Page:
Montana Fishing Restrictions Still In Place, But Officials Are 'Cautiously Optimistic'

08/06/2012 08:59 am ET | Updated Oct 06, 2012

HELENA, Mont. (AP) — Fishing restrictions due to drought will remain in place on three Montana trout streams for the foreseeable future, but state fisheries officials are cautiously optimistic that they won't need to make any other closures.

Fish, Wildlife and Parks officials last month imposed "hoot-owl" restrictions on the Smith, Dearborn and Sun rivers, meaning that fishing isn't allowed on those central Montana streams in the afternoons and evenings, when the water temperatures are too high.

Trout prefer temperatures in the mid-50s, and when it rises, oxygen becomes depleted and the fish become stressed. FWP closes streams to fishing when water temperatures reach at least 73 degrees for three consecutive days. Temperatures above the mid-70s can kill trout.

A few days after Montana restricted fishing on those three rivers, Yellowstone National Park did the same for parts of three rivers within its boundaries: the Gibbon, Firehole and Madison rivers. The temperatures in parts of those rivers were ranging into the high 70s, park officials said.

Anglers have compared this year's drought to conditions in 2007, when parts of the Yellowstone River were closed to fishing for a month or longer. But now, the Yellowstone River and many other rivers in Montana have temperatures in the high 60s and have not gotten higher, said FWP fisheries chief Bruce Rich.

"That's good," he told FWP commissioners in a drought update Thursday.

No other rivers are on tap this week to be closed to fishing, and with the days now shortening, they could escape further restrictions for the rest of the season, barring unexpectedly harsh weather conditions, he said.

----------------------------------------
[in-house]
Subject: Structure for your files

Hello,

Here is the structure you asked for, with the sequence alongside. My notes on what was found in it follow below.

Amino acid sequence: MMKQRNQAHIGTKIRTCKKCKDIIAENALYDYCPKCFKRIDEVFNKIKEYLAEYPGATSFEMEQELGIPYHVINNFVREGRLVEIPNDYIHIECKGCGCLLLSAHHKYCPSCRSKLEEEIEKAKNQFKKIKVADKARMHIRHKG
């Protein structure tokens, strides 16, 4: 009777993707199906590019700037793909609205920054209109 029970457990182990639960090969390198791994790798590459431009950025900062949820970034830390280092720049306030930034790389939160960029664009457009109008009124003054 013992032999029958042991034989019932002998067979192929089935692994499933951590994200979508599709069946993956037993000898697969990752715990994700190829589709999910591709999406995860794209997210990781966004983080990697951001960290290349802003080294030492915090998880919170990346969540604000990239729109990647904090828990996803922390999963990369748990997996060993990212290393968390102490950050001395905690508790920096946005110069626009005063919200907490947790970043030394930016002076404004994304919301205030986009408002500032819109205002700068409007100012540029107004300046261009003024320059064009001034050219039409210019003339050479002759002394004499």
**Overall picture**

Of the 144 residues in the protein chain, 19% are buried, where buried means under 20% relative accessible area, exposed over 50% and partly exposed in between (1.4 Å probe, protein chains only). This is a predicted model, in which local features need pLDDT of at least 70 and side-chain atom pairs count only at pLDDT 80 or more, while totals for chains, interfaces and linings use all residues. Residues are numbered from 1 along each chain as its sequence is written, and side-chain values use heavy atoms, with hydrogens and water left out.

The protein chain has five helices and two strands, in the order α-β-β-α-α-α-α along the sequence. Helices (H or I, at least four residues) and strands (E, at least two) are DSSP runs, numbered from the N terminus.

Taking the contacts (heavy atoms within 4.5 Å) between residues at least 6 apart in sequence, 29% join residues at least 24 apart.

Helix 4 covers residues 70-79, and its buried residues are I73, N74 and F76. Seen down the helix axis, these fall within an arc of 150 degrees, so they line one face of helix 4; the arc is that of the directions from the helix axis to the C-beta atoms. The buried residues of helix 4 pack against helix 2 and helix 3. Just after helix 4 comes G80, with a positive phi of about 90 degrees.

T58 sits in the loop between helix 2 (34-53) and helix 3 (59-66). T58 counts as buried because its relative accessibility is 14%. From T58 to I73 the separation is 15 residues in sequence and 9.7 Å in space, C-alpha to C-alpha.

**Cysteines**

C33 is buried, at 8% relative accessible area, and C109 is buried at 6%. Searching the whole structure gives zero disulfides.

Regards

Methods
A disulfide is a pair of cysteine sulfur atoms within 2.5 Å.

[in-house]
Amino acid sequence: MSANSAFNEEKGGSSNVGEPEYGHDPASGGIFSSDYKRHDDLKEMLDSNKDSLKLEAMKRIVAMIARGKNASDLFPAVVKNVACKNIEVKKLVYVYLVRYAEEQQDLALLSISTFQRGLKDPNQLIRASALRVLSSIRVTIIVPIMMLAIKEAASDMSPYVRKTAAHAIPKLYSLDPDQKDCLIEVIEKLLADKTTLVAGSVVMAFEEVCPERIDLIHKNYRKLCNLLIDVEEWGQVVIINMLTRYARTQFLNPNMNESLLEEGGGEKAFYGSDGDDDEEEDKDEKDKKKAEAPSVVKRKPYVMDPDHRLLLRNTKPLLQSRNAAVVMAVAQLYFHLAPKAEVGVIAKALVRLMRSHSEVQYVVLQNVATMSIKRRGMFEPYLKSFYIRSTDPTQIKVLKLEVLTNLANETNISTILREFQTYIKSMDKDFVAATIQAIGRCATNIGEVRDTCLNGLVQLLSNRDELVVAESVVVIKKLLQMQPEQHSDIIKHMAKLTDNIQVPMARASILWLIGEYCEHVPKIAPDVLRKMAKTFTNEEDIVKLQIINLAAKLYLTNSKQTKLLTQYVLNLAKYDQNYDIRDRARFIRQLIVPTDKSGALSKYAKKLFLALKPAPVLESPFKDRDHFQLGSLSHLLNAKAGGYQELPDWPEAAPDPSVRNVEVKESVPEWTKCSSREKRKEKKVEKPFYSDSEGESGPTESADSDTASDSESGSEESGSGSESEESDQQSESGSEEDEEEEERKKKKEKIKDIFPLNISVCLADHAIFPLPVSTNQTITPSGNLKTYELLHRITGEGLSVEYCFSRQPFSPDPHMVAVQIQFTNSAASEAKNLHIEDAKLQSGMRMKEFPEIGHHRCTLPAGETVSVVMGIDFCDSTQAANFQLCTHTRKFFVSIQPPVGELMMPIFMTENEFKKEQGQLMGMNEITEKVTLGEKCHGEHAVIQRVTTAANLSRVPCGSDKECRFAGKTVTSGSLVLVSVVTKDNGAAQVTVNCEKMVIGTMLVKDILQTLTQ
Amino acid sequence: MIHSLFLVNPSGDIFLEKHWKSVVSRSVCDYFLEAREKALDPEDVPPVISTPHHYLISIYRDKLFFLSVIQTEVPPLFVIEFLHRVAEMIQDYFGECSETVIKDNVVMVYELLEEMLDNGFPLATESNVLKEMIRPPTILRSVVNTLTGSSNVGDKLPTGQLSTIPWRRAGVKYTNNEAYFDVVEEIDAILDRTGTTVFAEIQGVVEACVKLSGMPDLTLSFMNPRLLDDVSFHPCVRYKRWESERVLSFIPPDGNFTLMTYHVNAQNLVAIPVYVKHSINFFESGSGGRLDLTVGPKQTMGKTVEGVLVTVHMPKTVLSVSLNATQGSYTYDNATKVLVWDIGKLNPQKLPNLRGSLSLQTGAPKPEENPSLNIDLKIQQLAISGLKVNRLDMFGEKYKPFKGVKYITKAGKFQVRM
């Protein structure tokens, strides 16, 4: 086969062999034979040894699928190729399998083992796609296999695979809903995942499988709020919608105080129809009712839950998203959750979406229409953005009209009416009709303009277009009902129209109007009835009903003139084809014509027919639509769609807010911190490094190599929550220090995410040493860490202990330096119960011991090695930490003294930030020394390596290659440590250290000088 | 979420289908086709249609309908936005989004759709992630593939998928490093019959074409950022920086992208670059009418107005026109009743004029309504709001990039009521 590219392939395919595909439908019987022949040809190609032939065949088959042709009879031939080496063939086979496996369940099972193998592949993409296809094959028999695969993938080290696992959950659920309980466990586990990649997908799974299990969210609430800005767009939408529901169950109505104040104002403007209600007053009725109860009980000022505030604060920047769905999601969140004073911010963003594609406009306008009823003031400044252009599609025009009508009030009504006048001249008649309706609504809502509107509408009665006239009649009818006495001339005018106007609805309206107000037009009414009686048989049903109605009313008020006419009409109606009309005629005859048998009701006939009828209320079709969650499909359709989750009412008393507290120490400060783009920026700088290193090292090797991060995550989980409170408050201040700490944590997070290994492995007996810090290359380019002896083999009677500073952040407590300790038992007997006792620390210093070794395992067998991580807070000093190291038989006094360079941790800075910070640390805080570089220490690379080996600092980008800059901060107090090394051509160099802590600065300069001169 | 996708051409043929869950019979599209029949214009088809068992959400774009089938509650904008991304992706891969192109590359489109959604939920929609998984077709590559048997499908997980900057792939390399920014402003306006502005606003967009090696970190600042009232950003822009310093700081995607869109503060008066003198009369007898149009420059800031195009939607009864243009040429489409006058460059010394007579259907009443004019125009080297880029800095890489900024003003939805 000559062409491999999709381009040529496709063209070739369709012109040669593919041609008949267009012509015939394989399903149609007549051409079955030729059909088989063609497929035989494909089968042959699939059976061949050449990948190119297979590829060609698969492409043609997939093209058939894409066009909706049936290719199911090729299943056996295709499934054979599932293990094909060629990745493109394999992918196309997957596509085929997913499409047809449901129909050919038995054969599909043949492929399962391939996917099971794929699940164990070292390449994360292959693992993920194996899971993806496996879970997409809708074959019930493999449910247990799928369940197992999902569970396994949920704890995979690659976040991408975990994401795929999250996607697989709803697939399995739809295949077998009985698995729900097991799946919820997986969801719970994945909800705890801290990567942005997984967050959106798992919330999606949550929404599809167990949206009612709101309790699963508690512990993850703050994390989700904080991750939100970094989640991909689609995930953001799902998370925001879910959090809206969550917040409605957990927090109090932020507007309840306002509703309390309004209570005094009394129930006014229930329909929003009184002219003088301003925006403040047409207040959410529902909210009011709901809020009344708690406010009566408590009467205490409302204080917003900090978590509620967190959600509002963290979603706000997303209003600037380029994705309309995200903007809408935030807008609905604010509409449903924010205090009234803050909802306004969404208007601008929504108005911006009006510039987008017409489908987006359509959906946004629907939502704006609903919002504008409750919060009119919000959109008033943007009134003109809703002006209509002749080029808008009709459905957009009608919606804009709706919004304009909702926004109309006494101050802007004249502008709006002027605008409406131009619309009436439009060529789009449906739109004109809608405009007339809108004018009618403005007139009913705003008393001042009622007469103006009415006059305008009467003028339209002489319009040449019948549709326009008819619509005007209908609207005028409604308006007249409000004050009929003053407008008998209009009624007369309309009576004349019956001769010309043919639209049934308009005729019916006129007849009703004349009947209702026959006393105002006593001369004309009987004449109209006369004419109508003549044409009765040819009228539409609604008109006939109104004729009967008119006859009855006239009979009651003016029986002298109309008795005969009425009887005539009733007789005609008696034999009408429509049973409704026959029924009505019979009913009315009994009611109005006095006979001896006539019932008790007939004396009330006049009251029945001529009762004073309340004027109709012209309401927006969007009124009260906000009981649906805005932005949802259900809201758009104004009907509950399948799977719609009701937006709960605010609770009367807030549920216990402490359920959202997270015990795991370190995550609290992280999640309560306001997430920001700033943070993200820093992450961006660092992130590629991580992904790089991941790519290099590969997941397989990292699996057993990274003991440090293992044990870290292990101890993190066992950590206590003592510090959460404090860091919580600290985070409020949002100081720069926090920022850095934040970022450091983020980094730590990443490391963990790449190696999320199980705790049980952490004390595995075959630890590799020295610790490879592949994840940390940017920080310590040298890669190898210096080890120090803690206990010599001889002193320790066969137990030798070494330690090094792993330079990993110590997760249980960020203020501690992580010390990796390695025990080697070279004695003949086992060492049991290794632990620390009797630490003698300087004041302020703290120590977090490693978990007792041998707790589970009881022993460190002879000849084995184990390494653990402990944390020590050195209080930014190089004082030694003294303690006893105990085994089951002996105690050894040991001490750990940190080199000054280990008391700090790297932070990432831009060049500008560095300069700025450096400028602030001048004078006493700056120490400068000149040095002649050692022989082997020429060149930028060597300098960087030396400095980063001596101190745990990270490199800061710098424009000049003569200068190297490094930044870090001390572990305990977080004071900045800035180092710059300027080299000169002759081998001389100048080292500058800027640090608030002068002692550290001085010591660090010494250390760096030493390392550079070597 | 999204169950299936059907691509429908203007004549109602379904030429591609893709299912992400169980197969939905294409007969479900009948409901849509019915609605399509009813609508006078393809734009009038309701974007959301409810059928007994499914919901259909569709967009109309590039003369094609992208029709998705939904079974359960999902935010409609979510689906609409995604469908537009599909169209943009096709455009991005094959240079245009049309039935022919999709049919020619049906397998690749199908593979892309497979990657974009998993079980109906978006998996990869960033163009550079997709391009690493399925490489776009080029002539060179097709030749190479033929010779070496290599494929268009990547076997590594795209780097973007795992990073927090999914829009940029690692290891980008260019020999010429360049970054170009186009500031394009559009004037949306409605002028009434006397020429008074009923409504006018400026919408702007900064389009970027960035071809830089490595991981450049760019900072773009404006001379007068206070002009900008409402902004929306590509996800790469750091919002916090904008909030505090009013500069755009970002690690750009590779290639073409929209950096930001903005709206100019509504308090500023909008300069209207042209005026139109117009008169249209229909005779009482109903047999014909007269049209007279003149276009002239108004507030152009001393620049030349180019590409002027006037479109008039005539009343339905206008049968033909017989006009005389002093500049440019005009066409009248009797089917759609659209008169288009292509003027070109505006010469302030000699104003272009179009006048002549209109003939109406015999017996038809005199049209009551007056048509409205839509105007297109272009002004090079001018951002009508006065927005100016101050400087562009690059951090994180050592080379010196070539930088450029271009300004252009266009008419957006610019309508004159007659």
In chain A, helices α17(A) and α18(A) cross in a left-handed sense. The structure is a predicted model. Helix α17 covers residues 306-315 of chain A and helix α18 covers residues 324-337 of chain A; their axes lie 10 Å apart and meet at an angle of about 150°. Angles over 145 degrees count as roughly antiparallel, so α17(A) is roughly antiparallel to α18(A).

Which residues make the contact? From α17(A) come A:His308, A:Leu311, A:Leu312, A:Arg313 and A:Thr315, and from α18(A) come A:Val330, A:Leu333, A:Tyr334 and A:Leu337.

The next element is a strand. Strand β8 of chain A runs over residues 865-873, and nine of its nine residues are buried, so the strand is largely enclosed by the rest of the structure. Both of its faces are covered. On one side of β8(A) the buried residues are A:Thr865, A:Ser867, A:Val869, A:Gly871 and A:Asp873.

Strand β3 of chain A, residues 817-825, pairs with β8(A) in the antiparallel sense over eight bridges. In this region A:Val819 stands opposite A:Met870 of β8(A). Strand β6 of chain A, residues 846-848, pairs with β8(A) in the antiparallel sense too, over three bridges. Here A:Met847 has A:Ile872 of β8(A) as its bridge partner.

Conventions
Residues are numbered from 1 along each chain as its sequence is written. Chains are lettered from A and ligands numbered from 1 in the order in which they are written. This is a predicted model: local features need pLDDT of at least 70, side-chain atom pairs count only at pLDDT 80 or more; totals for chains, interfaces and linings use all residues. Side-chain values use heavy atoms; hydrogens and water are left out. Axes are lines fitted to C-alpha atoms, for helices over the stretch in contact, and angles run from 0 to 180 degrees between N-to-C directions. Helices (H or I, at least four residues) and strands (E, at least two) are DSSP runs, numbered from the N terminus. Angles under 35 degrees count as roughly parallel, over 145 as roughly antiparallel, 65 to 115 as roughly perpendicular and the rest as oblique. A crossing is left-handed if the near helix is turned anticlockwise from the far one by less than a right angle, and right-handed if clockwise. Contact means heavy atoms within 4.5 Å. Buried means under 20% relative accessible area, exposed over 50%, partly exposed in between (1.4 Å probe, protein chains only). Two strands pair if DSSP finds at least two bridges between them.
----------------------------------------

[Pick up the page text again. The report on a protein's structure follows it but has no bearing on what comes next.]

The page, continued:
Fishing guide Jim Stein of CrossCurrents of Helena said the Smith and Dearborn rivers are usually shallow this time of year and fishing is generally slow, anyway. But he is glad to see the restrictions as a way to protect the fish in those rivers.

Stein said he would direct anglers to the Missouri or Blackfoot rivers rather than to a stream feeling the effects of drought.

He said there's no reason to hurt a phenomenal river. "Maybe you should have been here a month ago or maybe you should come back in the fall," Stein said.

Craig Matthews, owner of Blue Ribbon Flies in West Yellowstone, said he also would normally be directing anglers to other rivers than the Firehole and Madison rivers in Yellowstone National Park at this time of year.

"Generally, after July 4th, they warm up to where they're not good fishing anyway. We point people elsewhere," he said.

Other park rivers are just reaching the right temperature for fishing, such as the Slough, Lamar and Soda Butte rivers.

"We're really straightforward about that, we say there are better options," Matthews said.

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